[8] General Constr. Co. v. Tyonek Timber, Inc., 629 P.2d 981 (Alaska 1981); Volkswagenwerk, A.G. v. Klippan, GmbH, 611 P.2d 498 (Alaska 1980), cert. denied, 449 U.S. 974, 101 S. Ct. 385, 66 L. Ed. 2d 236 (1980); Bendix Corp. v. Adams, 610 P.2d 24 (Alaska 1980); Jackson v. General Electric Co., 514 P.2d 1170 (Alaska 1973).

[9] Uchitel Co. v. Telephone Co., 646 P.2d 229 (Alaska 1982); Shepherd v. Bering Sea Originals, 578 P.2d 587 (Alaska 1978); Elliott v. Brown, 569 P.2d 1323 (Alaska 1977). See also Hoss v. Purinton, 229 F.2d 104 (9th Cir.1955), cert. denied, 350 U.S. 997, 76 S. Ct. 547, 100 L. Ed. 861 (1956).

[10] The factors in the parent-subsidiary context are as follows:

"(a) The parent corporation owns all or most of the capital stock of the subsidiary.

(b) The parent and subsidiary corporations have common directors or officers.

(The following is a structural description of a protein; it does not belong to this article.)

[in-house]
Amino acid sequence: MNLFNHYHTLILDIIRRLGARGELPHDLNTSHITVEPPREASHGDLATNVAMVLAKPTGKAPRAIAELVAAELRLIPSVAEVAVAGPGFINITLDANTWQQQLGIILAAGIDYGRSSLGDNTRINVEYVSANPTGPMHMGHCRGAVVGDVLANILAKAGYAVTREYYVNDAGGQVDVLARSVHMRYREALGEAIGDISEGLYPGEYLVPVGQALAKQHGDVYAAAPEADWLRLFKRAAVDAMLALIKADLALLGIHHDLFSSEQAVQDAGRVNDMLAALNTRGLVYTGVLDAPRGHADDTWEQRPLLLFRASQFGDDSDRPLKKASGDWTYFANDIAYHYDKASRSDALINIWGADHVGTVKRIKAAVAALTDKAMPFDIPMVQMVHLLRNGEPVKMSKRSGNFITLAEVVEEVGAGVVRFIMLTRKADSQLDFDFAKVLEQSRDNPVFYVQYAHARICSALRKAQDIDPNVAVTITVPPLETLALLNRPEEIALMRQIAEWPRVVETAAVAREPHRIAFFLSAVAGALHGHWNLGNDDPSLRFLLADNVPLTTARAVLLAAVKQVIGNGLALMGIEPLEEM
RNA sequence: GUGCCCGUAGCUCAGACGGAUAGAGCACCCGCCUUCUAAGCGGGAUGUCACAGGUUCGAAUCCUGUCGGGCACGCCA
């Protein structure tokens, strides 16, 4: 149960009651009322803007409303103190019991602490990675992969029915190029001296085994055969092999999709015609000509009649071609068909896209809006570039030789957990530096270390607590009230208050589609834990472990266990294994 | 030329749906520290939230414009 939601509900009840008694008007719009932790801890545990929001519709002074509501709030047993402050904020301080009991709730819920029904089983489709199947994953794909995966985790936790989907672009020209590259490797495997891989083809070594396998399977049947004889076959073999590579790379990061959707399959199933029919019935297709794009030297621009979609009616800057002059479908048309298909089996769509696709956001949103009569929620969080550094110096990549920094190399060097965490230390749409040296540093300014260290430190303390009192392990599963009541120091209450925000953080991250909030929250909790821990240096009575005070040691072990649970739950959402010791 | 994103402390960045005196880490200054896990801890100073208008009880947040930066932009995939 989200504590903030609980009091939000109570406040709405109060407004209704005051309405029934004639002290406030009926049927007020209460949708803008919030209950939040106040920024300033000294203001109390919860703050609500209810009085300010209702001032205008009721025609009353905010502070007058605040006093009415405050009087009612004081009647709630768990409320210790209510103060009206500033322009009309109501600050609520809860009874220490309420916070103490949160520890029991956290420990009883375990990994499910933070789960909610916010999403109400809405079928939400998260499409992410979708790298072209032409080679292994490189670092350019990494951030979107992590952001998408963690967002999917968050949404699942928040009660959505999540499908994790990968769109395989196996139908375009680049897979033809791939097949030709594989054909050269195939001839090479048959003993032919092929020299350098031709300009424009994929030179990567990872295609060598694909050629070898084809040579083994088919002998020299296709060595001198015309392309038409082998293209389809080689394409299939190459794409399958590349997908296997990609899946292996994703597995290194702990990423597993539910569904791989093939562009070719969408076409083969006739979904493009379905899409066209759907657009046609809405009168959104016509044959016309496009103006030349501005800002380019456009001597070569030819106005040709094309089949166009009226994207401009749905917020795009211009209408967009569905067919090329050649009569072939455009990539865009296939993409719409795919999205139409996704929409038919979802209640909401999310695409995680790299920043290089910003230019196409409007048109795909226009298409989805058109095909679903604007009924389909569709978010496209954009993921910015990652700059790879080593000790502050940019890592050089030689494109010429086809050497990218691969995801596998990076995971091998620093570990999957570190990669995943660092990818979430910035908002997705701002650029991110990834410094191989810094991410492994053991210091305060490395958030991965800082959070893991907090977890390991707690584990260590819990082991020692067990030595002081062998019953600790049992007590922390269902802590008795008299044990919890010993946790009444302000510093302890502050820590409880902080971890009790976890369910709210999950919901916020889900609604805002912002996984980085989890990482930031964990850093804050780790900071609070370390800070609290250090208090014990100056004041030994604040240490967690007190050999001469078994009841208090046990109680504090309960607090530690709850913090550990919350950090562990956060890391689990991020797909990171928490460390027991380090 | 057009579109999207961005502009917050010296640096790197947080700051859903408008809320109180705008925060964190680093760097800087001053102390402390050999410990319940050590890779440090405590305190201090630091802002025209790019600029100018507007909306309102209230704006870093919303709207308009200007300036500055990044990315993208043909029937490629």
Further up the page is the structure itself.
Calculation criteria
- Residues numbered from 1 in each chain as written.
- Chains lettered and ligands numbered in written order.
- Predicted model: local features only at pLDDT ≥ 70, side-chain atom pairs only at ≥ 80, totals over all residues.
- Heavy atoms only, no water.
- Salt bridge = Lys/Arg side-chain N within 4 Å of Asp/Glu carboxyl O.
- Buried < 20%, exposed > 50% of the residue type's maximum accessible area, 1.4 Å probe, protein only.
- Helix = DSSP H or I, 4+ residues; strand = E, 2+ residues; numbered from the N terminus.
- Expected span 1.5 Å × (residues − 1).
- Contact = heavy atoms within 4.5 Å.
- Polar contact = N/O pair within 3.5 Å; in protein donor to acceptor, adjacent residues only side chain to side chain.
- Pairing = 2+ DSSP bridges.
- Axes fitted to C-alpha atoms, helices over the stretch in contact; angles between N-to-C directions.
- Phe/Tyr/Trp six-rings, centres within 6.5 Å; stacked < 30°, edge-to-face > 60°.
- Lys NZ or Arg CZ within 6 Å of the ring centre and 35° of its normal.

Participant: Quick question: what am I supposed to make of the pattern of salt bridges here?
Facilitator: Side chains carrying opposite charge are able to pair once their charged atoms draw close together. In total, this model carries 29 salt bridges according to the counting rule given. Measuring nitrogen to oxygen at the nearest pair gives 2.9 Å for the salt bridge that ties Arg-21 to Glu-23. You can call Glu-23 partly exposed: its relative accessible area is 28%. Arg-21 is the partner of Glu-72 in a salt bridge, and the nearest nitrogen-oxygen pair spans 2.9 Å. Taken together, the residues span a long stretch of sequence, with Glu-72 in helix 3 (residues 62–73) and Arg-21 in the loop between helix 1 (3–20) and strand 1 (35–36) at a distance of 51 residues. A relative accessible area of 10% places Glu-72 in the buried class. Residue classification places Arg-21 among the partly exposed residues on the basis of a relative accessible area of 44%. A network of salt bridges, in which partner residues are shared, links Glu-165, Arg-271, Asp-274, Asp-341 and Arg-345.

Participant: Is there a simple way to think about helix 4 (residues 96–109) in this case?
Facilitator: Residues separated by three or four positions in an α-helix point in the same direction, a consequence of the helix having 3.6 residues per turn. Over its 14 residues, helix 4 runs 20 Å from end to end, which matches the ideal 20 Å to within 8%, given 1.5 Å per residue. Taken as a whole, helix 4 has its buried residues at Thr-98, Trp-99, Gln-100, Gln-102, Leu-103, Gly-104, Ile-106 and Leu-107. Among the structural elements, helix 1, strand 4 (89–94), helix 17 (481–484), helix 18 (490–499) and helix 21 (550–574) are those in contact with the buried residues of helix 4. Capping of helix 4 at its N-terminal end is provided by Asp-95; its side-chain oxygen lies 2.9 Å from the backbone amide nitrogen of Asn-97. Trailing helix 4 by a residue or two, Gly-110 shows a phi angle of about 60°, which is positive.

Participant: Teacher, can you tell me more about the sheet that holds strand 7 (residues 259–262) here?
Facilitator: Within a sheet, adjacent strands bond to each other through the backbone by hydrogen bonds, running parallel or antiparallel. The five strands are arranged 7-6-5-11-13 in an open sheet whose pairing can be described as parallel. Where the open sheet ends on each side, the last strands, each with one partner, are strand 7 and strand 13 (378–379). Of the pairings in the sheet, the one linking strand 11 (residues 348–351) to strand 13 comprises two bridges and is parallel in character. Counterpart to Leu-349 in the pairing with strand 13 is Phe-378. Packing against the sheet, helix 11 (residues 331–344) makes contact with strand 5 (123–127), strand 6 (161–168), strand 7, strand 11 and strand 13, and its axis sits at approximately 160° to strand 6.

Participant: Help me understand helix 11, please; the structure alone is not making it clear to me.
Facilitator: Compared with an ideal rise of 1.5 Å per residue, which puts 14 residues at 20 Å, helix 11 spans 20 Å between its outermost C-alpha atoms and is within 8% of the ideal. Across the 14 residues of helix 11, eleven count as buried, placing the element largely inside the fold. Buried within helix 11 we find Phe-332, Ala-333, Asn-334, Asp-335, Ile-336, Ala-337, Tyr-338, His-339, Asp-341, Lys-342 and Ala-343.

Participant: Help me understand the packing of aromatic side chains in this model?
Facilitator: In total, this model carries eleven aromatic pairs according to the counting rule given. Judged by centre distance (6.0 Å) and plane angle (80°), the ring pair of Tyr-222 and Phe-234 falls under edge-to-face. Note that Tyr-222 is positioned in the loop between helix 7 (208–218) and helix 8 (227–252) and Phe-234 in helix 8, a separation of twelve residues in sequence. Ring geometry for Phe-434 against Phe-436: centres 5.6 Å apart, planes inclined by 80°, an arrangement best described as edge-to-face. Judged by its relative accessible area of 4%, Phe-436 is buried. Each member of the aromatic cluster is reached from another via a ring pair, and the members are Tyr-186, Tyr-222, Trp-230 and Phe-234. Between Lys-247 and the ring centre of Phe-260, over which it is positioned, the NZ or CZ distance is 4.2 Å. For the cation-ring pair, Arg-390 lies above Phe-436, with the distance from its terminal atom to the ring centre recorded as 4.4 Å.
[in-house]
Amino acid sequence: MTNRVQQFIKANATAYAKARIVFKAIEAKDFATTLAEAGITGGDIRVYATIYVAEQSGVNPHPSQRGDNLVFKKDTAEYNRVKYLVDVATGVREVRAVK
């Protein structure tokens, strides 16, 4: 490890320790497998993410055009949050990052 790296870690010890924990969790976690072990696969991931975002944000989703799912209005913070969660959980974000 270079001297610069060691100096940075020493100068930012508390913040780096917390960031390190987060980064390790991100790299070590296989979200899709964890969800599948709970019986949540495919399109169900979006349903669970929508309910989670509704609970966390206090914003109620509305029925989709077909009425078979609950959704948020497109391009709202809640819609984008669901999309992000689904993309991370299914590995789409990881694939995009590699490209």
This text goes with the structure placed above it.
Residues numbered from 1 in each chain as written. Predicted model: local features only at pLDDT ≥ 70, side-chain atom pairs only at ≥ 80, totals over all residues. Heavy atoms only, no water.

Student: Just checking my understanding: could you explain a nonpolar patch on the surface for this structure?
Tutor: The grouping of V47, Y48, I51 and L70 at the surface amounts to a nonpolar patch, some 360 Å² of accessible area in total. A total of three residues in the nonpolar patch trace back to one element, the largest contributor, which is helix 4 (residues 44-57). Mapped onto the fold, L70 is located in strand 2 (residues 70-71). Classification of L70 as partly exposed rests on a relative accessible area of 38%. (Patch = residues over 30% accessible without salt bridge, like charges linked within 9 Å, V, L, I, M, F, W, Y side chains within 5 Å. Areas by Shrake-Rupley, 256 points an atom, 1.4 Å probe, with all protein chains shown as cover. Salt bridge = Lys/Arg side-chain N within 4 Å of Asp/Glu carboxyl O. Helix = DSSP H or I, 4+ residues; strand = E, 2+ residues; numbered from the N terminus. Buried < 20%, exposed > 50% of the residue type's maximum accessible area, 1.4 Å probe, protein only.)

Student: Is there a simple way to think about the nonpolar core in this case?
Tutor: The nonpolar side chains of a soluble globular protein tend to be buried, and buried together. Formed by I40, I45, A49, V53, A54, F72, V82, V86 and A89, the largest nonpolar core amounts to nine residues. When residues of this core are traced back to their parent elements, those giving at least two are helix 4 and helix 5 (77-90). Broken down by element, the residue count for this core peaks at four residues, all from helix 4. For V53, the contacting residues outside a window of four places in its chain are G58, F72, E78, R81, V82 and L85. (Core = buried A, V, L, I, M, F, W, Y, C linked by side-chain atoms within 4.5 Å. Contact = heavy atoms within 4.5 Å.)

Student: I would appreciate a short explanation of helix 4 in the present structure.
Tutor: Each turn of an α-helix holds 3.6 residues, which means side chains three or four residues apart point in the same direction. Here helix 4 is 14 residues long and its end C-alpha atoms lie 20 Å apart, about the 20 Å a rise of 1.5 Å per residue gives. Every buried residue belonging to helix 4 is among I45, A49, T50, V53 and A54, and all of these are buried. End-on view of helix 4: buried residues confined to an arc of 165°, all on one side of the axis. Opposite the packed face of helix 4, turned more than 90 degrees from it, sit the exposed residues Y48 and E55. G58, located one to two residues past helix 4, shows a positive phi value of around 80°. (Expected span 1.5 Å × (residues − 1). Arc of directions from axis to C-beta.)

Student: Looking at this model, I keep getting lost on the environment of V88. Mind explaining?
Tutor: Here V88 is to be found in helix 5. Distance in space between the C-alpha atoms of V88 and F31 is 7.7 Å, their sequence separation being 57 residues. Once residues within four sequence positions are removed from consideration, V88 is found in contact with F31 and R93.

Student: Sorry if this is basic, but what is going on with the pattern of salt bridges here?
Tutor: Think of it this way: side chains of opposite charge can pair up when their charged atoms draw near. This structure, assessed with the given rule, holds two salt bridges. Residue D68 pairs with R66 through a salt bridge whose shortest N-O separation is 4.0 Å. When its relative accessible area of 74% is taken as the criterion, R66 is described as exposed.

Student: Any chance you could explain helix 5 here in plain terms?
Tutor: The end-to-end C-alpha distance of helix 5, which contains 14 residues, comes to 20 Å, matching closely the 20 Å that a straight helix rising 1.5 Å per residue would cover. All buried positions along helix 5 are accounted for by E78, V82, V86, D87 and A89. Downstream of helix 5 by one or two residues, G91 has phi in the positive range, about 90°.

(c) The parent corporation finances the subsidiary.

(d) The parent corporation subscribes to all the capital stock of the subsidiary or otherwise causes its incorporation.

(e) The subsidiary has grossly inadequate capital.

(f) The parent corporation pays the salaries and other expenses or losses of the subsidiary.

(g) The subsidiary has substantially no business except with the parent corporation or no assets except those conveyed to it by the parent corporation.

(h) In the papers of the parent corporation or in the statements of its officers, the subsidiary is described as a department or division of the parent corporation, or its business or financial responsibility is referred to as the parent corporation's own.

(i) The parent corporation uses the property of the subsidiary as its own.

(j) The directors or executives of the subsidiary do not act independently in the interest of the subsidiary but take their orders from the parent corporation in the latter's interest.

(k) The formal legal requirements of the subsidiary are not observed."